AG: Maybe you better get out? - or can somebody help Tom? - and some air maybe? - What is needed? or what would be helpful? - It might be good for someone to help him out or get some air. What do you think? - It's this room, I'm telling you. It's really heavy in here.
Peter Orlovsky: Should we bring the fan maybe over there?
AG: Or maybe (he should) sit by the fan?
Student: Yeah, I'll...
AG: Why don't you sit by the fan? It'd be better. By the fan. Sit over there, you'd get more air, fresh air. Just change seats with someone
AG: Yeah.. Can you.. Is that better?
Student: Yeah, sure.
Peter Orlovsky: Set in on high or low?
AG: If it doesn't make too much noise.
Student: Is that too much noise?
AG: It's taking off! Better turn it (down). Is it too close to that mike?
Student: (I see no effect on) the readings. I don't think it makes any difference.
Student: I'd go low with it.
AG (to Peter Orlovsky): Low, Peter, yeah.
Student (to everyone): I'm sorry, folks!
AG: Okay. Peter is a trained nurse so just let him know
Student: ...petit mal seizures...
AG: What is that? What is that called? petit mal?
Student: petit mal
Student: I'm sure if I had...
AG: What happens just before you go into that? Is there (Are there) any perceptions?
Student: I'm not sure whether... I think it's just before I get a tingling feeling through my body...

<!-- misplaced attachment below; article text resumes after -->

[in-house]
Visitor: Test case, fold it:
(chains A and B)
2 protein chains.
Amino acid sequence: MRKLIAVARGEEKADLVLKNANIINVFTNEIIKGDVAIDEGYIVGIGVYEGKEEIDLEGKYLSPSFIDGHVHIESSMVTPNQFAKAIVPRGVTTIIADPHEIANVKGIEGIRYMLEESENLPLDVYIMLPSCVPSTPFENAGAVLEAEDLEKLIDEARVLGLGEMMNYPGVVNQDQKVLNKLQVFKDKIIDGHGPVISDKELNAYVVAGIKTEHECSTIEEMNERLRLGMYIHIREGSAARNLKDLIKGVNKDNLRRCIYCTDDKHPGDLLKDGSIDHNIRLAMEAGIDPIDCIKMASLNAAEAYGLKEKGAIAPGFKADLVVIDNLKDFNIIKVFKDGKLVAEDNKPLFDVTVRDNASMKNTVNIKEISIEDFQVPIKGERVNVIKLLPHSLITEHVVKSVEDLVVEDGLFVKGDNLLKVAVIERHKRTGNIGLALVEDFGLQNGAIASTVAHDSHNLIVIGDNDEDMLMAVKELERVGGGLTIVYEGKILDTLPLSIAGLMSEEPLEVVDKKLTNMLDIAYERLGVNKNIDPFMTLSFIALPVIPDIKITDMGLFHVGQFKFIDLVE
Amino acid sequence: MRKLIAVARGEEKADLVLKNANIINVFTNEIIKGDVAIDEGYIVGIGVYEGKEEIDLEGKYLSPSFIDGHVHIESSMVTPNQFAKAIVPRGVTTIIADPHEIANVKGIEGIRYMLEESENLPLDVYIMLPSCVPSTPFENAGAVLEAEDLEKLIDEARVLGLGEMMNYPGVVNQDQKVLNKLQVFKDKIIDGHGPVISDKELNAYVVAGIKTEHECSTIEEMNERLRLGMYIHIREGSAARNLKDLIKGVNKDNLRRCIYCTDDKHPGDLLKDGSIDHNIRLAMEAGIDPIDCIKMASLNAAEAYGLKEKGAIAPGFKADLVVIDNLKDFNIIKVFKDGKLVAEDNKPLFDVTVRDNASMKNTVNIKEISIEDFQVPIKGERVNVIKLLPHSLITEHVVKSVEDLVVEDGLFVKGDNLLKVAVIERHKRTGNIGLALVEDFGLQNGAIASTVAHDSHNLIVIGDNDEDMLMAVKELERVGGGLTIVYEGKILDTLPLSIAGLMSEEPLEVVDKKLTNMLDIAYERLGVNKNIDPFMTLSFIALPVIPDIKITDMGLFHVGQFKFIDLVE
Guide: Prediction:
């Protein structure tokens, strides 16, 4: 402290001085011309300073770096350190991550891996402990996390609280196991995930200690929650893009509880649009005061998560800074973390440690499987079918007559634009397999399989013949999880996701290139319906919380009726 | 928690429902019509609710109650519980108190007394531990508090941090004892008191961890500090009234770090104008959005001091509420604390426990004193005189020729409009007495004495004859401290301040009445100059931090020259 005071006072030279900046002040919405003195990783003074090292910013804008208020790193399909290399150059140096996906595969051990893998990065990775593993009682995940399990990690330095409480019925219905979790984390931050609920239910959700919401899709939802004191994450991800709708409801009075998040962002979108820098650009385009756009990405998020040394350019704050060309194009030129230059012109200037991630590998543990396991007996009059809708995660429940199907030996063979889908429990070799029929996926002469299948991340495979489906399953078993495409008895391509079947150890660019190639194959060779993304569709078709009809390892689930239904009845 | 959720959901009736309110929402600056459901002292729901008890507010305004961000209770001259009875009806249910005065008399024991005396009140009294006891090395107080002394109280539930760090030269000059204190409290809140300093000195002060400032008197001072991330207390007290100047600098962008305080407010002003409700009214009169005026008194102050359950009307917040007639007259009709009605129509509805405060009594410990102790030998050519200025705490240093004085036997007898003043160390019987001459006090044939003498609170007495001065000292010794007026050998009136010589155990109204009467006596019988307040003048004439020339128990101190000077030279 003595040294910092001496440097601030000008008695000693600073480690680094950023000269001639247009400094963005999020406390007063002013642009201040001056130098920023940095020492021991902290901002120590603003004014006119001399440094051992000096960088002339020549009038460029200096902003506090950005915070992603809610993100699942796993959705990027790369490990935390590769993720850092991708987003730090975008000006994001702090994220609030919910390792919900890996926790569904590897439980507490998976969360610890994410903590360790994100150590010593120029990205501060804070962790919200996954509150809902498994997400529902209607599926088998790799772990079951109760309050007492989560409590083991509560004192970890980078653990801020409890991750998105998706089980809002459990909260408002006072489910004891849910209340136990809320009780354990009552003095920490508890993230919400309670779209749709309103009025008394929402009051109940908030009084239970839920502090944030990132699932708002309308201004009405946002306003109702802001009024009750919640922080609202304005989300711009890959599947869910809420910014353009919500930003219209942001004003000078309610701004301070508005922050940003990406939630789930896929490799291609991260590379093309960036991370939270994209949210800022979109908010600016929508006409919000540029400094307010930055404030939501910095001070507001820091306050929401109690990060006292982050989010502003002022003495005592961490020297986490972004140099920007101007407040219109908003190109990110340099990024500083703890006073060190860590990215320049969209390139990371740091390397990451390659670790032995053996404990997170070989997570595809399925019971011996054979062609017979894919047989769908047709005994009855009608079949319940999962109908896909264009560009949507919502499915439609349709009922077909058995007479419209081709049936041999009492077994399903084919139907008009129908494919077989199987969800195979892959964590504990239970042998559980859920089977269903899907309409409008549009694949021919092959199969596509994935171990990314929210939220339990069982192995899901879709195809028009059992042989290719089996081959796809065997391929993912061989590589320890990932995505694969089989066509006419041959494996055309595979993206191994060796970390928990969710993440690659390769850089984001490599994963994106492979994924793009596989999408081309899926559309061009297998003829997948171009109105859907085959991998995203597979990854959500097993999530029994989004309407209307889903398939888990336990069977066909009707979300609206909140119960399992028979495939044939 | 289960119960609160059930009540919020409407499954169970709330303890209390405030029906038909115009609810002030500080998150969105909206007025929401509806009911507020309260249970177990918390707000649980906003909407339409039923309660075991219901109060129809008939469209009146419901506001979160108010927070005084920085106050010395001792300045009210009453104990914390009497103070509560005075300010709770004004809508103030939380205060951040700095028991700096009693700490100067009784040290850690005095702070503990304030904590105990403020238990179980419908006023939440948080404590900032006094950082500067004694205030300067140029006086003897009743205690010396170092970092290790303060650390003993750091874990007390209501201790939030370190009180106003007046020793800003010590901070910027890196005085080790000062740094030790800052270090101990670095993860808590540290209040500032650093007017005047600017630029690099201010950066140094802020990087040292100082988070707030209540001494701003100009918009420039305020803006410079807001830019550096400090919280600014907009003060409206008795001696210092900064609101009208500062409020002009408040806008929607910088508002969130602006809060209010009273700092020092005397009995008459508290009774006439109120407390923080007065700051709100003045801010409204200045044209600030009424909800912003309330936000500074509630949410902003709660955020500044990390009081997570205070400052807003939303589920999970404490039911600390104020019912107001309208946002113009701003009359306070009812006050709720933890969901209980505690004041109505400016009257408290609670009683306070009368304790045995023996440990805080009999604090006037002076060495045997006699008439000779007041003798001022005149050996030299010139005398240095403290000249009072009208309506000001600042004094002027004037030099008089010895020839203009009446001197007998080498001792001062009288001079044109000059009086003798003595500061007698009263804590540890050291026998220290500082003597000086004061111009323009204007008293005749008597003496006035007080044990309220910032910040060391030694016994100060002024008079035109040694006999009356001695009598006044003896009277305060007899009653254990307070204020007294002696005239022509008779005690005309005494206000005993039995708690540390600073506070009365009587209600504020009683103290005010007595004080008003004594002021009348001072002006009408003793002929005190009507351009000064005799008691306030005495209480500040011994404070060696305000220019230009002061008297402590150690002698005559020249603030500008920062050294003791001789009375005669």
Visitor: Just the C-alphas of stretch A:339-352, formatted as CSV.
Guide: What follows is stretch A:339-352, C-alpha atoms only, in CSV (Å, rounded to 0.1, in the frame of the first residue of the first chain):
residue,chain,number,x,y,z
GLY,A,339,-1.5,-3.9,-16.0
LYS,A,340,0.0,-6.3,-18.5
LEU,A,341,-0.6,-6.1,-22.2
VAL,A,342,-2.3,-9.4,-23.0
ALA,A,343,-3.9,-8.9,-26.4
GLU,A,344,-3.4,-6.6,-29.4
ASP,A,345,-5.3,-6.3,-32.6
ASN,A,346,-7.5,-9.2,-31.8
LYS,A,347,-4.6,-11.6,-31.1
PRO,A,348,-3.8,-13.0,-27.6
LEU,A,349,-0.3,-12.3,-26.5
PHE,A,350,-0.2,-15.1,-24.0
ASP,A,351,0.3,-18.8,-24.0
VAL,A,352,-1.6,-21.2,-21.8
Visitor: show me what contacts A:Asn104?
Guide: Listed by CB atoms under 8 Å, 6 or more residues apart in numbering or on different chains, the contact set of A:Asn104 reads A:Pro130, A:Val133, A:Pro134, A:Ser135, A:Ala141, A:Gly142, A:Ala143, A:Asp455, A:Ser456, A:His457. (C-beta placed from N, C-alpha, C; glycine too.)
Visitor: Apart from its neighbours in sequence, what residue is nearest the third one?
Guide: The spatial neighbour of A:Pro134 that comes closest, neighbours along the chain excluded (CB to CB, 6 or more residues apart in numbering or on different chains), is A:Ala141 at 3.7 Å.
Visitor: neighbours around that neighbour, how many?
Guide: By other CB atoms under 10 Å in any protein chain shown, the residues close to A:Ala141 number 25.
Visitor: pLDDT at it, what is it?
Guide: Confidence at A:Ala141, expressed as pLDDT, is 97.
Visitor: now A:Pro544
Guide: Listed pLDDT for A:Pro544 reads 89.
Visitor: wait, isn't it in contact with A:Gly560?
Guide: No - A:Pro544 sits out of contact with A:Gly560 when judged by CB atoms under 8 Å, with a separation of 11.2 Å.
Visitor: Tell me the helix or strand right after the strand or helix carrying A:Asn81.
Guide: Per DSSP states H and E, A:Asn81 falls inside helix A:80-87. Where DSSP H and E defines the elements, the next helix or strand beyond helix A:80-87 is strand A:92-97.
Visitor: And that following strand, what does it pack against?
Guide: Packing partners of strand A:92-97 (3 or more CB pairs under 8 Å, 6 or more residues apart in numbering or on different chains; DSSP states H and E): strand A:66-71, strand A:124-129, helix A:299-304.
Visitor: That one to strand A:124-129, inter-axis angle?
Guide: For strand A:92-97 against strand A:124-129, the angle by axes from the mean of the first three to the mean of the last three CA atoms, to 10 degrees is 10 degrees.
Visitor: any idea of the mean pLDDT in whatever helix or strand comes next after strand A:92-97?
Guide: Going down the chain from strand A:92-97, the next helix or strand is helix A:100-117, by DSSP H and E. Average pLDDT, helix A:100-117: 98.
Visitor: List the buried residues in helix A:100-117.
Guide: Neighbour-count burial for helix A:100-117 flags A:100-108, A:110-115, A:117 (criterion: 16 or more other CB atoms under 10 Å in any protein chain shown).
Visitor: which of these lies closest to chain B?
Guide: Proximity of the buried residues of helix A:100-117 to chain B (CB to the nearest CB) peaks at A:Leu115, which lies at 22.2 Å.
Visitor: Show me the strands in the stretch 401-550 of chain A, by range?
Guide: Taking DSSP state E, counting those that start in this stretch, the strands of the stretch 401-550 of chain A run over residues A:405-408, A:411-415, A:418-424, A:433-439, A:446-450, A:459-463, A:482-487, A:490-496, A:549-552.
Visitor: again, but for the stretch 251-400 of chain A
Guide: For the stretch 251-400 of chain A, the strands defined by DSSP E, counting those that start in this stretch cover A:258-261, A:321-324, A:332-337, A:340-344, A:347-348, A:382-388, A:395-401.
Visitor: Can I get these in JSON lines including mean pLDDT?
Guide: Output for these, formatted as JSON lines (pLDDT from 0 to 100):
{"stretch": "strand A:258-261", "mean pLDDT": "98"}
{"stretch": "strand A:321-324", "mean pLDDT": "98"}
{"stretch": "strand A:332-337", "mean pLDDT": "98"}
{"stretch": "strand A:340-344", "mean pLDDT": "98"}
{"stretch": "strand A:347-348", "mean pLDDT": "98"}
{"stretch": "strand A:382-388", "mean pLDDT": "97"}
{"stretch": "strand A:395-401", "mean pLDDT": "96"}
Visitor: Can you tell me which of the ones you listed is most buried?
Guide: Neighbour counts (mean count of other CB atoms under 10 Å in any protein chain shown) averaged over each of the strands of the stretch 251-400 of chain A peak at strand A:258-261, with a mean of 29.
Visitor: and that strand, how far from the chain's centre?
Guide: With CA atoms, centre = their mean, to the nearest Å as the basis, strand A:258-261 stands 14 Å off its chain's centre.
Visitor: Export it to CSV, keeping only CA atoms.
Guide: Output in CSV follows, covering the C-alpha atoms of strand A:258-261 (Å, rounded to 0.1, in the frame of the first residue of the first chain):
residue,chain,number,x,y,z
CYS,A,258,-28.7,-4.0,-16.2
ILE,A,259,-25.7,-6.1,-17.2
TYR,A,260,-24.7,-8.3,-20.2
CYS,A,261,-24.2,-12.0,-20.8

Student: ...which I've been sort of working on describing (actually) in some of (my) poems...
Student: (There's some I) wrote (in) the last week or two. It's just that knowledge hasn't helped me eradicate it completely, (just) a little bit?
Peter Orlovsky: Does it feel good?
Student: To be over it?
AG: Well, he says it's like in (Fyodor) Dostoevsky. In Dostoevsky's "The Idiot", before you get the petit mal or grand mal, there's auras and illumination of microscopic detail, like in the poem about John Muir that Gary Snyder wrote - but Tom says it doesn't (work that way for him)...
Student: Well it's not (especially visionary), sometimes you will have the experience if an aura, but it's a rarity..
Student: At least that 's been my experience of it. And Doestoevsky makes the character into a kind of Christ-figure, and genius, and everything else, as a sort of hit-back at society for considering all epileptics mad..
Student: ...in his day. So he made it look like the deepest religious experience you could have, or something. It certainly helps. It taught me a lot but, you know....
AG: (So you were fortunate to get to read it) when you were young?
Student: Yeah, when I first read it, long before I was ever (aware I had epilepsy). I was amazed, seduced even (I thought it was a wonderful disease to have! - And three years later, I had it!)